“No word was ever as effective as a rightly timed pause.”
— Mark Twain
As we reflect upon the mergers and acquisitions (M&A) activity in 2014 and contemplate what such activity foretells for 2015, we should carefully consider the two (seemingly unrelated) quotes above from two of the more influential citizens of the 19th century. Indeed, growth is rarely the result of chance, nor is its root cause typically one-dimensional. However, given the impressive run the deal market has experienced for the past twenty-two consecutive quarters, we would be well advised to pause for a moment and analyze whether the recent drivers of growth are still in full gear.
2014 saw a record of merger-related activity; total deal volume increased 3.3% over 2013 levels, and total value increased 16.5%. The continued robustness in the current environment can be attributed to six main drivers:
1I Continued confidence in the U.S. economy, which drives…
2I Continued accommodative debt markets, which adds leverage to…
3I Continued ample dry powder within unallocated funds of financial (i.e., private equity) buyers, whose willingness to pay is enhanced by the…
4I Continued overabundance of cash on balance sheets of strategic acquirers.
Of course in order to consummate a transaction you need both a willing buyer and a willing seller, so to add to the above list of key factors:
5I Continued top-and bottom-line growth of potential targets, which has resulted in…
6I Continued interest on the part of shareholders to seek liquidity.
While the supply and demand imbalance referenced in past updates has corrected itself, valuation multiples in terms of EBITDA (i.e., earnings before interest, taxes, depreciation, and amortization) remain at or near all-time highs. Such valuation premiums—relative to more typical market environments—are difficult to quantify, though it appears to average (based on our proprietary analysis of non-public information of multiples paid) in the 1.0x to 3.0x EBITDA range. Furthermore, just as remarkable (and even more difficult to quantify) is the widespread sentiment among dealmakers that even the most “storied” or difficult and cyclical companies are generating interest in the current environment.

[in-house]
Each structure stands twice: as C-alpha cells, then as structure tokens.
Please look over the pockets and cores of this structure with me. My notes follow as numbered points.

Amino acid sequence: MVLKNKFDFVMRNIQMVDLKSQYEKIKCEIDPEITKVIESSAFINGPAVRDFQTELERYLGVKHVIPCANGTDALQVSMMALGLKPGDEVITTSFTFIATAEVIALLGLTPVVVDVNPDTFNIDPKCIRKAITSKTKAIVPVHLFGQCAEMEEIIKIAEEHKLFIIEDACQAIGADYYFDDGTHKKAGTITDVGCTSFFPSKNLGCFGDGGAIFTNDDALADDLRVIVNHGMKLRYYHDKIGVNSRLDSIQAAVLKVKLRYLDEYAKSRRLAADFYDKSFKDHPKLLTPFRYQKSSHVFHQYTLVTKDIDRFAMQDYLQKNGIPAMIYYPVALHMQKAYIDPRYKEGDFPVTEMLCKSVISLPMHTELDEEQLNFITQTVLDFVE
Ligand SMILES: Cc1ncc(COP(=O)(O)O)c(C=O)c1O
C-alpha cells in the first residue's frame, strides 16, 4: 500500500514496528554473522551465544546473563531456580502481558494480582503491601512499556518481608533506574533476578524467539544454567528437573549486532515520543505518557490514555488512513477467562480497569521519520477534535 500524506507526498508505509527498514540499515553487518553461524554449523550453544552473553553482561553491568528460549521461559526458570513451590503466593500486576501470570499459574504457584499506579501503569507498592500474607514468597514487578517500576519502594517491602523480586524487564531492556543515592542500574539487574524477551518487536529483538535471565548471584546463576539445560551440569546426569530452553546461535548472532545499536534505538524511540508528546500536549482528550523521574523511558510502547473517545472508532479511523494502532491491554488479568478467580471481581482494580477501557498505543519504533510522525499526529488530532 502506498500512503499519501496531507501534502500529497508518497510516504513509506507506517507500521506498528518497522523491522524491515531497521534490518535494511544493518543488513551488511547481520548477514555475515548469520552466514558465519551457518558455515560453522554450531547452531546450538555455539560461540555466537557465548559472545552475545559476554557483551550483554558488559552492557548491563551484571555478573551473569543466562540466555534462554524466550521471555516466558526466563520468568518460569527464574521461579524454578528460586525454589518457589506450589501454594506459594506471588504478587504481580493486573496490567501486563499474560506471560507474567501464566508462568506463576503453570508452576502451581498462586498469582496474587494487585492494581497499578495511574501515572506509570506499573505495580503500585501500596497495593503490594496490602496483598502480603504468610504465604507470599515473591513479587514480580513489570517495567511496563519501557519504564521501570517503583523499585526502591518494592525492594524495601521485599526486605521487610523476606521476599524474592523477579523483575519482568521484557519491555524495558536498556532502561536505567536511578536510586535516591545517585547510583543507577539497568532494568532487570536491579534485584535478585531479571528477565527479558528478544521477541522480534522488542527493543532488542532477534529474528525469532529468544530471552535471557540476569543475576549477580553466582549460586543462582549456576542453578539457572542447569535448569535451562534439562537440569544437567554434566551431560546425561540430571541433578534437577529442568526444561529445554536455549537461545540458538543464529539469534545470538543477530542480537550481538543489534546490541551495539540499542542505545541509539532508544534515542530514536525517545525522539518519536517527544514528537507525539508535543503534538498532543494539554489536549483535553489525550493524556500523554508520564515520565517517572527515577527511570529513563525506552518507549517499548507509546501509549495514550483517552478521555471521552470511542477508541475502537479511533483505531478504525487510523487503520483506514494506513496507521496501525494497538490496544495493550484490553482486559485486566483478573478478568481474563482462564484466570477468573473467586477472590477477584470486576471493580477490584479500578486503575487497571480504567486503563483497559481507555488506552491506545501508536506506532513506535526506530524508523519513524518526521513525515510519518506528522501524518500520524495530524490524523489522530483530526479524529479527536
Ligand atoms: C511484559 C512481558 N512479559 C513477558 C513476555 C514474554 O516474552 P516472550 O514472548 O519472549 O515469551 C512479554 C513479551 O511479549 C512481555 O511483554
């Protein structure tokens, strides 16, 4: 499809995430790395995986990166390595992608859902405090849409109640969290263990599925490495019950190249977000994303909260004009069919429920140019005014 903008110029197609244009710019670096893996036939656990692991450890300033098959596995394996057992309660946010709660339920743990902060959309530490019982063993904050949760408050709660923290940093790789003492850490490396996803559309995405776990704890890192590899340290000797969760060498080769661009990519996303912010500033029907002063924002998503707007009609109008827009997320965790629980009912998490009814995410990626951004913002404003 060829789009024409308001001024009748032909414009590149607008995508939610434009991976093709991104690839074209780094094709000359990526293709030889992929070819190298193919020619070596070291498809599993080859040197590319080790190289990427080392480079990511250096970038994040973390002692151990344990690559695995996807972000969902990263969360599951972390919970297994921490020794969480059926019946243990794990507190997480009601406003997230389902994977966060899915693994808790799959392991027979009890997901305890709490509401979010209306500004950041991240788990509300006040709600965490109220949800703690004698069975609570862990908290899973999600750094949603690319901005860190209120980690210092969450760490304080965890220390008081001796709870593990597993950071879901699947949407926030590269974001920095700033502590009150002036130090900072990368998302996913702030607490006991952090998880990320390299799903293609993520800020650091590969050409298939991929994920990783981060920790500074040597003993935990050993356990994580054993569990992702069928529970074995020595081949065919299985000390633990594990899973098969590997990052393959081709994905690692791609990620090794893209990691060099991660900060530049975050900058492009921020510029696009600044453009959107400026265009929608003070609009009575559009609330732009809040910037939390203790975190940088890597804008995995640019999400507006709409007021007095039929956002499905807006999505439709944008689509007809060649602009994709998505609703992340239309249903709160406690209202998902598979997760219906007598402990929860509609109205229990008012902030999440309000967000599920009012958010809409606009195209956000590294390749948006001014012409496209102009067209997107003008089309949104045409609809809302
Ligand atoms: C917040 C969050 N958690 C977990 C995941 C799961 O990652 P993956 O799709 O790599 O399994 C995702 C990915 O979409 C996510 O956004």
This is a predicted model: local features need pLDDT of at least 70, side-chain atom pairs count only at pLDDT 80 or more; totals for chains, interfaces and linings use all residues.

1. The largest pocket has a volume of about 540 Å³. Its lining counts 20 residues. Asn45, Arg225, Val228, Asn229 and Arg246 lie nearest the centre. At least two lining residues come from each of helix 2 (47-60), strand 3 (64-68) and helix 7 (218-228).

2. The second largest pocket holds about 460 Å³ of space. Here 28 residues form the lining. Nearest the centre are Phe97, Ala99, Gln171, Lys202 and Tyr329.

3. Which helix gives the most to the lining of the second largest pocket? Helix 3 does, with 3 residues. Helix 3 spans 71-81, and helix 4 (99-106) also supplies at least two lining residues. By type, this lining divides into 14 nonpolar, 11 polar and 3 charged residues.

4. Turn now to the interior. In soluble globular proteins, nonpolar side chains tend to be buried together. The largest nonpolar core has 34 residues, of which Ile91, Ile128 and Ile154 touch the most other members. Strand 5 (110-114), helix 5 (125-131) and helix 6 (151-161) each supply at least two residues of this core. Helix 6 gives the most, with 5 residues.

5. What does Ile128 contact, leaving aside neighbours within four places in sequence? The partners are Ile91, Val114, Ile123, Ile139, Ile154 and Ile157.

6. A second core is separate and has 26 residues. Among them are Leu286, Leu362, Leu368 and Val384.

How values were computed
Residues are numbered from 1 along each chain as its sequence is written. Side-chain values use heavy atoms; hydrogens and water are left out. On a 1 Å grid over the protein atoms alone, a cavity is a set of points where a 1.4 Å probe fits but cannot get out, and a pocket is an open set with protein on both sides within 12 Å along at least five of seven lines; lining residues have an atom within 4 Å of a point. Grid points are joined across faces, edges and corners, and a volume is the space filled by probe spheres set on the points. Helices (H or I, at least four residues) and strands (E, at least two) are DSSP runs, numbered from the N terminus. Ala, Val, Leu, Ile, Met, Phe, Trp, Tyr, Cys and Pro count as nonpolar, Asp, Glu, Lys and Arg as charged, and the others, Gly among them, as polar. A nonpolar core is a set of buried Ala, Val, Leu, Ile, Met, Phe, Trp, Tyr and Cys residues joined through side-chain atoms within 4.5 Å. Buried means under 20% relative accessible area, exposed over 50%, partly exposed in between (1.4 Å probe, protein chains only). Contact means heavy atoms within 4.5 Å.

Buyers are willing to pay these higher multiples, and chase such less-than-traditionally attractive targets, presumably because of a) concerns over a recession remain muted, b) the credit markets are, by some measures, even more aggressive than 2007 levels, and c) buyers of all types need to put capital to work in order to grow.
To that end, private equity remains a very viable alternative for owners wishing to exit their shareholdings. A collective $535 billion of dry powder, combined with approximately 7,000 (and growing) domestic sponsor-backed companies under private equity ownership, means professional investors remain quite active and relevant as both buyers (and sellers).
On the macroeconomic front, unemployment continues its steady downward trajectory, consumer confidence continues its upward trajectory, and domestic GDP continues to exhibit signs of longer-term stability in spite of a soft fourth quarter (where such softness was attributed to increased imports combined with decreased federal spending, decreased nonresidential fixed expenditures, and decreased exports).
Regarding the federal funds rate, the Federal Reserve (“the Fed”) said in January that it believes that economic activity has been expanding at a solid pace, with continued gains in jobs and a lower unemployment rate. The Fed also believes that household purchasing power has increased (primarily due to recent declines in energy prices) as well as business fixed investment. Inflation remains below the Federal Open Market Committee’s longer-run objective of 2%, but the Fed expects inflation to rise gradually over the medium term as the labor market further improves and the transitory effects of lower energy prices and other factors dissipate. Not to be overlooked, the Fed reaffirmed its view that the current 0 to 1/4 percent target range for the federal funds rate remains appropriate, and that “based on its current assessment, the Committee judges that it can be patient in beginning to normalize the stance of monetary policy”. In other words, don’t expect the era of cheap money to end any time soon.
In summary, as we pause to reflect upon where we are in the cycle, we see that there are indeed multiple forces still working together to continue to propel continued robustness in the M&A market. Ample supply of capital, buyers willing to invest, and sellers looking for liquidity should all help maintain the momentum from the past five years, for the foreseeable future.